‘How long do I have?’ I force a laugh.
‘Not long,’ he says very quietly. ‘They have confirmed your sentence of death. You are to be beheaded tomorrow. We don’t have long at all.’
Jane Grey was Queen of England for nine days. Using her position as cousin to the deceased king, her father and his conspirators put her on the throne ahead of the king’s half-sister Mary, who quickly mustered an army, claimed her crown and locked Jane in the Tower. When Jane refused to betray her Protestant faith, Mary sent her to the executioner’s block. There Jane turned her father’s greedy, failed grab for power into her own brave and tragic martyrdom.
‘Learn you to die
’ is the advice that Jane gives in a letter to her younger sister Katherine, who has no intention of dying. She intends to enjoy her beauty and her youth and find love. But her lineage makes her a threat to the insecure and infertile Queen Mary and, when Mary dies, to her sister Queen Elizabeth, who will never allow Katherine to marry and produce a potential royal heir before she does. So when Katherine’s secret marriage is revealed by her pregnancy, she too must go to the Tower.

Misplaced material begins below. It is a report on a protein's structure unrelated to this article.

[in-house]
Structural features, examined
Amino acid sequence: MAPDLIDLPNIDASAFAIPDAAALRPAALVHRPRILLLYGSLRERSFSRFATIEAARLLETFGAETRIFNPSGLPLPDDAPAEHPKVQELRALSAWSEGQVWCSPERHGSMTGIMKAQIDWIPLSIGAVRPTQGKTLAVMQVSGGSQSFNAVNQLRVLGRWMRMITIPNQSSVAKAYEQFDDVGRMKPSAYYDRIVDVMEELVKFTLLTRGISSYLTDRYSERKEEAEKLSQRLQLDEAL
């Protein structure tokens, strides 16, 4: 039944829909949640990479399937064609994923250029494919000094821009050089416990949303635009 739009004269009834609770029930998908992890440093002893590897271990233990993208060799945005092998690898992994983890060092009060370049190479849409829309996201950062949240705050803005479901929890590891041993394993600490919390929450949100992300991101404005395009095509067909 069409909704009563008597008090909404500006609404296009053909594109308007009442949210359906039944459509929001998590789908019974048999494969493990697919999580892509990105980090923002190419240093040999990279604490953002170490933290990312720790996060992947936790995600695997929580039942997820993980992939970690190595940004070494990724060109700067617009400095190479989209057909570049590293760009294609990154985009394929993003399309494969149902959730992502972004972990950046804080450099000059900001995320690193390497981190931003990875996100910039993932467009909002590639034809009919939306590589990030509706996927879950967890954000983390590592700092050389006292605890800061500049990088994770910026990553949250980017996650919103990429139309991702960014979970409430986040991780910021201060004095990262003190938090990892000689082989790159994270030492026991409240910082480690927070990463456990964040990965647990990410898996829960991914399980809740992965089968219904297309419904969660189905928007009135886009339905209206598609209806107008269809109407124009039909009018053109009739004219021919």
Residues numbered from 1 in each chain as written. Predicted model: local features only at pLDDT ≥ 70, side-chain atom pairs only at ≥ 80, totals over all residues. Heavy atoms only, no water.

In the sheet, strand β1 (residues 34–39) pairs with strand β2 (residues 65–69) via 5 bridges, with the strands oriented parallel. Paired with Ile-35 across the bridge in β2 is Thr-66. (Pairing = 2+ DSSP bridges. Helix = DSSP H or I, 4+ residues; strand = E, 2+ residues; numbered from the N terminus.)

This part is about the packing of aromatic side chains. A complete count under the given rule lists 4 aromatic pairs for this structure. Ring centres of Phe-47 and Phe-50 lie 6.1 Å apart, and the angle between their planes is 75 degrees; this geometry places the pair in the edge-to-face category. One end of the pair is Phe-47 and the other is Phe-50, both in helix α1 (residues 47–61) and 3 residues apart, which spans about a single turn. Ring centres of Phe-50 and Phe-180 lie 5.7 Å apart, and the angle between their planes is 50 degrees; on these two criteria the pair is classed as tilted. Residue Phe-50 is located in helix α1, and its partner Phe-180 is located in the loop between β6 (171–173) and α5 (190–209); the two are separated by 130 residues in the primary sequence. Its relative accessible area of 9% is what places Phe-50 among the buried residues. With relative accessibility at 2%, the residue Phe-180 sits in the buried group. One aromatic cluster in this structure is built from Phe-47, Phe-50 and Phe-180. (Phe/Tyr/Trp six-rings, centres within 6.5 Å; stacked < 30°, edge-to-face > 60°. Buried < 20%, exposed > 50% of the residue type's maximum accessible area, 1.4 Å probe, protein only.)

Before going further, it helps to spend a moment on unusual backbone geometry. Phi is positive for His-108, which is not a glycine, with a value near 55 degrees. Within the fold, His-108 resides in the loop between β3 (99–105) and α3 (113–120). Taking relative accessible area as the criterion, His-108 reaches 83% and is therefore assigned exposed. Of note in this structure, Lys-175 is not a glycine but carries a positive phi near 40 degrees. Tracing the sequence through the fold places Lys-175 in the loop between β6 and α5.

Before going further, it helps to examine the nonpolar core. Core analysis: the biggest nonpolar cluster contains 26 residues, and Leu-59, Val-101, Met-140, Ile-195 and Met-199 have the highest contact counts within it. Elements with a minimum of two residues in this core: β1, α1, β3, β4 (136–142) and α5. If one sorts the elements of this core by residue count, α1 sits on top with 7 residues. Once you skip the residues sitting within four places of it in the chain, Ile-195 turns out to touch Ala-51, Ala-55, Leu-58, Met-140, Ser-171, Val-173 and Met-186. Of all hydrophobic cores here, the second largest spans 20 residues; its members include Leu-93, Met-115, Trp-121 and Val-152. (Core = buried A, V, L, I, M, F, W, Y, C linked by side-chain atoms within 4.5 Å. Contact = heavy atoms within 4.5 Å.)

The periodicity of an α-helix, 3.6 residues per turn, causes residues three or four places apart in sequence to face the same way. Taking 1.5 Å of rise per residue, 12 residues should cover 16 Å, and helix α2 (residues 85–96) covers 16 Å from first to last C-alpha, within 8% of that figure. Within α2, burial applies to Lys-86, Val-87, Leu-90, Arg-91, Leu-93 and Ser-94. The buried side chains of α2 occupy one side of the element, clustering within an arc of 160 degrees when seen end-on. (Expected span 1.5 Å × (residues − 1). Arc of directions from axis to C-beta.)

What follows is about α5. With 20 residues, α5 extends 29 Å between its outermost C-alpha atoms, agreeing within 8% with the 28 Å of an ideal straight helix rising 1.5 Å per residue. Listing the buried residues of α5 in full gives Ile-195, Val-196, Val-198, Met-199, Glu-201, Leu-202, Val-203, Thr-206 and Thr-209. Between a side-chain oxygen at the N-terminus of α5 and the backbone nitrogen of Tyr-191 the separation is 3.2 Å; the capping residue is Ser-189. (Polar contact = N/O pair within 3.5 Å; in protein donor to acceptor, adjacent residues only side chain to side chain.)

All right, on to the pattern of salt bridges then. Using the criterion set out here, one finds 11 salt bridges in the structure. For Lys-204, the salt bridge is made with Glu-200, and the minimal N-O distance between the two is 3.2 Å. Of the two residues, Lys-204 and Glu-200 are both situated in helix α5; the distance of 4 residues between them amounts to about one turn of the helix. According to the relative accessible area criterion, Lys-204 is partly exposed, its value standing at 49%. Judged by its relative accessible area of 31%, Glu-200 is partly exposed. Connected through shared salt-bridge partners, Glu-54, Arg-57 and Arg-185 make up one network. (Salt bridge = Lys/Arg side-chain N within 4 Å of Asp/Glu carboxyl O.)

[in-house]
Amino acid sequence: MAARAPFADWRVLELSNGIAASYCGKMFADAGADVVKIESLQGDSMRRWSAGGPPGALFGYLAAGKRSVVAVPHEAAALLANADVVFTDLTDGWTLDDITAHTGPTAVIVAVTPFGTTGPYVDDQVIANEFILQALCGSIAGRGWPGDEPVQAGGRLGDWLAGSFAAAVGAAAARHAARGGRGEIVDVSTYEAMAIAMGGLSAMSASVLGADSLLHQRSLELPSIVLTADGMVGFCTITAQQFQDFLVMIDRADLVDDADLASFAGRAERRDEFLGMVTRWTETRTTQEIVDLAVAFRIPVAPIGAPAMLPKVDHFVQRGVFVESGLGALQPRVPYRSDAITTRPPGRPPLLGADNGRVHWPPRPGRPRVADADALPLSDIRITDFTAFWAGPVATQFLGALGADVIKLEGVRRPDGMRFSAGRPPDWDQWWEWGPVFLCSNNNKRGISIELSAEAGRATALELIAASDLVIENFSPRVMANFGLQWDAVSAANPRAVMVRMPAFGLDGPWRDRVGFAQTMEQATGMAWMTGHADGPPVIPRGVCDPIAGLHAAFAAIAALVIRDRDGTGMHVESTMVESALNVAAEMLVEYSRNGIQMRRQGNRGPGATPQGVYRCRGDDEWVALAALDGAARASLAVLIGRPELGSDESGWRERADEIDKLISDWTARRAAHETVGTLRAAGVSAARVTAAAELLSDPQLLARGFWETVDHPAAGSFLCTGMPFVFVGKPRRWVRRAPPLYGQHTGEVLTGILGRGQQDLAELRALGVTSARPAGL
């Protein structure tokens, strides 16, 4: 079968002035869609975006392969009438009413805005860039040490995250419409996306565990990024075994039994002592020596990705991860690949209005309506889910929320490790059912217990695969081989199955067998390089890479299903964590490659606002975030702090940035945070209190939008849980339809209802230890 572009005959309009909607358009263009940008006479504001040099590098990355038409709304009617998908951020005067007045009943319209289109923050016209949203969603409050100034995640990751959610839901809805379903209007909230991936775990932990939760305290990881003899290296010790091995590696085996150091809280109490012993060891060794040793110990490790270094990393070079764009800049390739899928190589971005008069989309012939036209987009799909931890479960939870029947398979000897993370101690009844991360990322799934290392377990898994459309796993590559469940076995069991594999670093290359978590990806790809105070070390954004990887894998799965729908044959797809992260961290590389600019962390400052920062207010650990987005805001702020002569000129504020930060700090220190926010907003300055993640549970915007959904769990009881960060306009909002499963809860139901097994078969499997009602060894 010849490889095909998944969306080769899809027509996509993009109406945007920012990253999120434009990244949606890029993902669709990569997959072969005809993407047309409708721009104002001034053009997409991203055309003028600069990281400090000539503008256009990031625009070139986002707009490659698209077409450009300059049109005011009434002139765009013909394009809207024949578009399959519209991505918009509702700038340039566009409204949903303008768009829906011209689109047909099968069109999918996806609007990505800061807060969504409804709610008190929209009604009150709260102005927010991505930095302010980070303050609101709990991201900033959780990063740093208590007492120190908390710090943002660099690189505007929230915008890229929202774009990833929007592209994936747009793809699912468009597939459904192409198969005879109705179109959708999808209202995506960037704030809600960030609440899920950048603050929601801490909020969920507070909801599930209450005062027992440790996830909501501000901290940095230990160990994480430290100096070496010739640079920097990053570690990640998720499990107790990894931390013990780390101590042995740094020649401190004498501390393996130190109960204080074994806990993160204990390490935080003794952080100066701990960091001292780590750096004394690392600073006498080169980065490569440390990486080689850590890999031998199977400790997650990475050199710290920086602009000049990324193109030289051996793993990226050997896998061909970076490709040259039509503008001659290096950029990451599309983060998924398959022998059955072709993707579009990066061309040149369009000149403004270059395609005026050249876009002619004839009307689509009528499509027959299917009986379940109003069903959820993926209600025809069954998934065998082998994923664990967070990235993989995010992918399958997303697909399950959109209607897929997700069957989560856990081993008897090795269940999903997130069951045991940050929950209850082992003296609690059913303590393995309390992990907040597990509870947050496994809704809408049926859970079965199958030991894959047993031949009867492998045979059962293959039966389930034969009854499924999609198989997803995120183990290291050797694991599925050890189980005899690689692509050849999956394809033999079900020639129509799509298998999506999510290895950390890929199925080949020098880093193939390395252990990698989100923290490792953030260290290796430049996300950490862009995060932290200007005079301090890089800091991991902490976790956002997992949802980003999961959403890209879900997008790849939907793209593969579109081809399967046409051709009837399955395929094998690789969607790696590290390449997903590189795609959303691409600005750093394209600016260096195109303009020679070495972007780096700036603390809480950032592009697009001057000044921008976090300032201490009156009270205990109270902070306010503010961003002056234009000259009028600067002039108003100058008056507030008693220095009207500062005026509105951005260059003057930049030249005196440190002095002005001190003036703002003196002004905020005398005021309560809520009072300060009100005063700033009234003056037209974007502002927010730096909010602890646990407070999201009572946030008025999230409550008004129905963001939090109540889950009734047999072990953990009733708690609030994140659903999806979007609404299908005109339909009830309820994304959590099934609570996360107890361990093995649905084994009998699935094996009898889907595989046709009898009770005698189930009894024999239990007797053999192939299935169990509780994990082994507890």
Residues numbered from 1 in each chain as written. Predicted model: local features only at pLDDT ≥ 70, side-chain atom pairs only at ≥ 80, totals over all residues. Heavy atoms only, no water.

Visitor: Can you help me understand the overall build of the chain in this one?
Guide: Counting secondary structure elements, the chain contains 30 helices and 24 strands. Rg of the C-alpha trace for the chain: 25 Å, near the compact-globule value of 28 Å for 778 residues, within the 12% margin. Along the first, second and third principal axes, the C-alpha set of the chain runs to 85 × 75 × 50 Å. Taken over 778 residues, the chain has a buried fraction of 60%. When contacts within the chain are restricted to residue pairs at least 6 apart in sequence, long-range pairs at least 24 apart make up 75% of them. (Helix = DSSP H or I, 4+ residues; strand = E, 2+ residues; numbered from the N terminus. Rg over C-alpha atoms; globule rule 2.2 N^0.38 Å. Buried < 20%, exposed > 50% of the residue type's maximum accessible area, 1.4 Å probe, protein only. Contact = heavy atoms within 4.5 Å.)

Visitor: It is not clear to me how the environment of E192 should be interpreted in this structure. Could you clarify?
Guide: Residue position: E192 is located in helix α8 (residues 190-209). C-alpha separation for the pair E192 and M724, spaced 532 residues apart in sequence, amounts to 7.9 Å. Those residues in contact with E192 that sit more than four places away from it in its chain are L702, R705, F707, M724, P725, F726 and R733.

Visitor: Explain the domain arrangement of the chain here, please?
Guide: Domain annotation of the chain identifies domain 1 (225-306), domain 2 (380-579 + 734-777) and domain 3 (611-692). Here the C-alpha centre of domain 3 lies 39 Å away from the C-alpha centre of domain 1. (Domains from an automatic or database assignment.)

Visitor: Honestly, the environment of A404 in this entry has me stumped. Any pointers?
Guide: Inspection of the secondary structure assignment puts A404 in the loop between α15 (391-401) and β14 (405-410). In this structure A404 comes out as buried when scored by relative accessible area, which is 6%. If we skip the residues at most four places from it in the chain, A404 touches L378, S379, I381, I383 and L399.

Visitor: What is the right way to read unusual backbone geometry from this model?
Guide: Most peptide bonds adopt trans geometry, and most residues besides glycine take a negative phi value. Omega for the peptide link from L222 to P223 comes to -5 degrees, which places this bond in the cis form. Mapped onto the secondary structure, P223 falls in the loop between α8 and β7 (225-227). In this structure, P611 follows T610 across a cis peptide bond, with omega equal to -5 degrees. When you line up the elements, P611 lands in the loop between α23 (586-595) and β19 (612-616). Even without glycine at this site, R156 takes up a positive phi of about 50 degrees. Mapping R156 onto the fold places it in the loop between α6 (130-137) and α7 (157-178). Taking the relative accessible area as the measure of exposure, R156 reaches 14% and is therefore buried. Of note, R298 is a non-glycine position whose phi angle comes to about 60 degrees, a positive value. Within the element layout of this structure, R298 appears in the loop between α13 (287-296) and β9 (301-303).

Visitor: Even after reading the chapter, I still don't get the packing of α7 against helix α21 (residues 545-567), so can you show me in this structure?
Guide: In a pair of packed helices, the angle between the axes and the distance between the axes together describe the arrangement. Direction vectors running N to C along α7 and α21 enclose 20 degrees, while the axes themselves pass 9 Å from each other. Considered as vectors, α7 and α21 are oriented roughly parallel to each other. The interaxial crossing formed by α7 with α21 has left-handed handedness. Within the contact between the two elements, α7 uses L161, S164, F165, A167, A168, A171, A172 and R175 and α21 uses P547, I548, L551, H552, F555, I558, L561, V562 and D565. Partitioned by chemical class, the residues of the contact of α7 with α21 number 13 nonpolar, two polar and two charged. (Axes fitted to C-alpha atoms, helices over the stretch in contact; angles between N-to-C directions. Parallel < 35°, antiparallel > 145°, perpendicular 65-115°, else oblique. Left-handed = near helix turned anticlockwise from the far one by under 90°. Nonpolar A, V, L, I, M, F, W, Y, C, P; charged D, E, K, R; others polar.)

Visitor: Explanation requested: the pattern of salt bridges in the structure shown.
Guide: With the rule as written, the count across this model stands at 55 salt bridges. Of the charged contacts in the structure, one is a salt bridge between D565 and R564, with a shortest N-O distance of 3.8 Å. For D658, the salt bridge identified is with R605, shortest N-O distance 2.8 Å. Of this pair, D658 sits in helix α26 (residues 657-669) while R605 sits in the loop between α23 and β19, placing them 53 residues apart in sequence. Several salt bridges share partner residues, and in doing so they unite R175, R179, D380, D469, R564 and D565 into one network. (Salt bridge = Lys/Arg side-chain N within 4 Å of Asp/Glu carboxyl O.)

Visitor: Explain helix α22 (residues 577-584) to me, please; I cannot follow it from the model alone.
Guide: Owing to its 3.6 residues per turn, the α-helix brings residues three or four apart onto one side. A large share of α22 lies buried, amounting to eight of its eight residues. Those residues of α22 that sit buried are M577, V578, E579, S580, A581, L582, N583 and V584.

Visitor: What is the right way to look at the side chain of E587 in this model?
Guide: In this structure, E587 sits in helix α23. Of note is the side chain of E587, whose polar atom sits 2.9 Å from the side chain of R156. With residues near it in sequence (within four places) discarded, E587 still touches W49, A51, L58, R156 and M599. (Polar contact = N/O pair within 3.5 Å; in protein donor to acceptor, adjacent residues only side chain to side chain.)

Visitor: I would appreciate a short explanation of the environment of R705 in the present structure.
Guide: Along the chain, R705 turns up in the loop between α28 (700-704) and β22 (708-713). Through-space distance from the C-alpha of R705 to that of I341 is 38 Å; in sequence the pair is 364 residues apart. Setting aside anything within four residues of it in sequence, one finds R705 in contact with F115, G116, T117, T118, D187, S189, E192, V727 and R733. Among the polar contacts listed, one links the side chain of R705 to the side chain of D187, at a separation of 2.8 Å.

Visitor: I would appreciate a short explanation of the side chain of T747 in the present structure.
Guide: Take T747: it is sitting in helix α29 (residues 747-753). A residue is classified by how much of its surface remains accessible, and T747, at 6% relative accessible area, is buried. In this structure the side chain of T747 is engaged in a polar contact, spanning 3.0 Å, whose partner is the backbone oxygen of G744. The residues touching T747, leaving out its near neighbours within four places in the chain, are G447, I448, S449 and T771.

‘Farewell, my sister
,’ writes Katherine to the youngest Grey sister, Mary. A beautiful dwarf, disregarded by the court, Mary finds it easy to keep secrets, especially her own, while avoiding Elizabeth’s suspicious glare. After watching her sisters defy the queen, Mary is aware of her own perilous position as a possible heir to the throne. But she is determined to command her own destiny and be the last Tudor to risk her life in matching wits with her ruthless and unforgiving cousin Elizabeth.
Praise for Philippa Gregory:
‘Meticulously researched and deeply entertaining, this story of betrayal and divided loyalties is Gregory on top form’ Good Housekeeping
‘Gregory has popularised Tudor history perhaps more than any other living fiction writer…all of her books feature strong, complex women, doing their best to improve their lives in worlds dominated by men’ Sunday Times
‘Engrossing’ Sunday Express
‘Popular historical fiction at its finest, immaculately researched and superbly told’ The Times